The Essential Guide to Taking on Tokyo Like a Local

From trendy Tomigaya to local-favorite Kichijoji, here are some of Tokyo's best-kept secrets. By Jonathan DeHart. Photographed by Andrew Faulk

Aug 18, 2020

Midnight trains packed with spent salarymen. Tangled streets snaking through canyons of neon light. Alleys wall-to-wall with shops hawking bowls of ramen and electronic parts. And of course, the world’s busiest crossing, where pedestrians glued to their cell-phone screens fire like pinballs every time the walk signal turns green.

Images like these have branded Tokyo as a concrete jungle that never sleeps. But if you get to know the city’s vast constellation of neighborhoods, a more nuanced picture comes into view. From trendy Tomigaya to local-favorite Kichijoji, many areas prove that even Tokyo has a quiet side. Here are some of the best spots to experience Tokyo like a local.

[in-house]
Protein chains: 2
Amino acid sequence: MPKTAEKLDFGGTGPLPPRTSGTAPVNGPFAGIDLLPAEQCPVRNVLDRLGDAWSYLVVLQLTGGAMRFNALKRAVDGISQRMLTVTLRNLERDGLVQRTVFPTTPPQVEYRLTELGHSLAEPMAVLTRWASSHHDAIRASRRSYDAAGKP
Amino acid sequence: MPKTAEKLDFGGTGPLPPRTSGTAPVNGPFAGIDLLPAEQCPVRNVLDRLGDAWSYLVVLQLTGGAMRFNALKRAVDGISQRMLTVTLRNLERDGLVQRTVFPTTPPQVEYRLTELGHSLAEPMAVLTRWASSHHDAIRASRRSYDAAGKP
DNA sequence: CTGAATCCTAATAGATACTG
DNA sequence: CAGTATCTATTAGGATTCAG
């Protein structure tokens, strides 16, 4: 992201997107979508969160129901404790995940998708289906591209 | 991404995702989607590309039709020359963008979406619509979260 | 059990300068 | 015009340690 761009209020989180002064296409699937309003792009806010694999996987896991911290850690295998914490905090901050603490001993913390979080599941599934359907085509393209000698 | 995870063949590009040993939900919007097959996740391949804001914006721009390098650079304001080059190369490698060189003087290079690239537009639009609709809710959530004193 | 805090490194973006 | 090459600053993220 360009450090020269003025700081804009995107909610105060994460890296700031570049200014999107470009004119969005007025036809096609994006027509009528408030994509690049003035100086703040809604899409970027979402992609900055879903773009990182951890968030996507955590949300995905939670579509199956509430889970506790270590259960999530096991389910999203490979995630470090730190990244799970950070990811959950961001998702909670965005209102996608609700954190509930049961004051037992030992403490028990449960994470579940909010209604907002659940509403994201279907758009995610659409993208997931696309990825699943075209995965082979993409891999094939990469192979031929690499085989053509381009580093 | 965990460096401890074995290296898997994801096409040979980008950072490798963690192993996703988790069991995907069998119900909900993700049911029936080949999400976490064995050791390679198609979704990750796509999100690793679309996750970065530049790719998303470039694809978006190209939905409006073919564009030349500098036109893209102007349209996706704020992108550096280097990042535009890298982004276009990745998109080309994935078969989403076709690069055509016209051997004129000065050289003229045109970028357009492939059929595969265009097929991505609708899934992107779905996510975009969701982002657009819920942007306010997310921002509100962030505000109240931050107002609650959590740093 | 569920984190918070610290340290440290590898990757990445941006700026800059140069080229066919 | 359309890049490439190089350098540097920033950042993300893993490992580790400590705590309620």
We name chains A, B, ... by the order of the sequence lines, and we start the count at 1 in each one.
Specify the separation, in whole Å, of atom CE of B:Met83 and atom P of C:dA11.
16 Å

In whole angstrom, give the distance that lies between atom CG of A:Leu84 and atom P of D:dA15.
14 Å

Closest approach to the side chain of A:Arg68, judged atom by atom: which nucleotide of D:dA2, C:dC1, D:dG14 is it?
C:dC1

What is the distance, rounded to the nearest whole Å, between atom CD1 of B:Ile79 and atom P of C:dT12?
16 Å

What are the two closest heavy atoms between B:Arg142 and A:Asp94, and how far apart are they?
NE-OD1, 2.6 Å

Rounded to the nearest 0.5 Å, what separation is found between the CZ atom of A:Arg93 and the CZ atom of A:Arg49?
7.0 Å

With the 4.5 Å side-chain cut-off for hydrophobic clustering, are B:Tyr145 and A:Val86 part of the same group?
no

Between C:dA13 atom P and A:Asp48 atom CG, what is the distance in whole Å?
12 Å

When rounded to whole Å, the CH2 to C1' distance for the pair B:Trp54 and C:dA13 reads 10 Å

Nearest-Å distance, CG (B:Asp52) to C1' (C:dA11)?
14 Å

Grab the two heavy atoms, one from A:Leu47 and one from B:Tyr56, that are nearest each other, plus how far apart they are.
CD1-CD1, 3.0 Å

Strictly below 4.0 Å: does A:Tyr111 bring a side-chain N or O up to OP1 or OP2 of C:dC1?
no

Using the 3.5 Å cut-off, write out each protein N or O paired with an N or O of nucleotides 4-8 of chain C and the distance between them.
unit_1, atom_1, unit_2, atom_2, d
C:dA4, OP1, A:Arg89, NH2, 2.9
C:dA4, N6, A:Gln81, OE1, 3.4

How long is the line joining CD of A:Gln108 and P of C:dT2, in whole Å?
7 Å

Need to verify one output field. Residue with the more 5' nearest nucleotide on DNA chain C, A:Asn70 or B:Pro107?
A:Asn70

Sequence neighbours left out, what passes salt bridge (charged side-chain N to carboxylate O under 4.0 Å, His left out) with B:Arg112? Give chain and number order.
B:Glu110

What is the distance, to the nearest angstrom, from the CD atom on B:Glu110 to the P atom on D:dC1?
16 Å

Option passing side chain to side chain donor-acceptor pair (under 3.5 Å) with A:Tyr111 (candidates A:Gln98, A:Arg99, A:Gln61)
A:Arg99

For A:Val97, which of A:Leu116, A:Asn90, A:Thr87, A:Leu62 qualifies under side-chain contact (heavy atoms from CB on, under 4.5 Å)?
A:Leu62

A great place to start is Tomigaya.

This stylish inner-city oasis just beyond Shibuya’s thrum is an ideal entry point into Tokyo’s local side. The best way to experience this vibrant community of in-the-know locals and expats is to cafe or bar hop through its calm lanes. 

Wine for days at Ahiru Store.

Camelback Sandwich & Espresso is a great spot for a daytime caffeine shot and a bite to-go. Another popular hangout is the Japanese outpost of Norwegian cafe and bar Fuglen, which serves coffee in the daylight hours and aperitifs after dusk. And in the evening, Ahiru Store, the community’s favorite wine bar, serves a great menu of Japanese-inspired Western tapas. 

Not too far from Tomigaya, Daikanyama

is a relaxed, sophisticated district perched on a hill between Shibuya to the north, and the upmarket hub of Ebisu to the south. This posh area is home to purveyors of trendy artisan goods, chic eateries and one of the world’s coolest bookstores––all a brief stroll uphill from Ebisu’s buzz. 

The design-happy space of Daikanyama T-Site.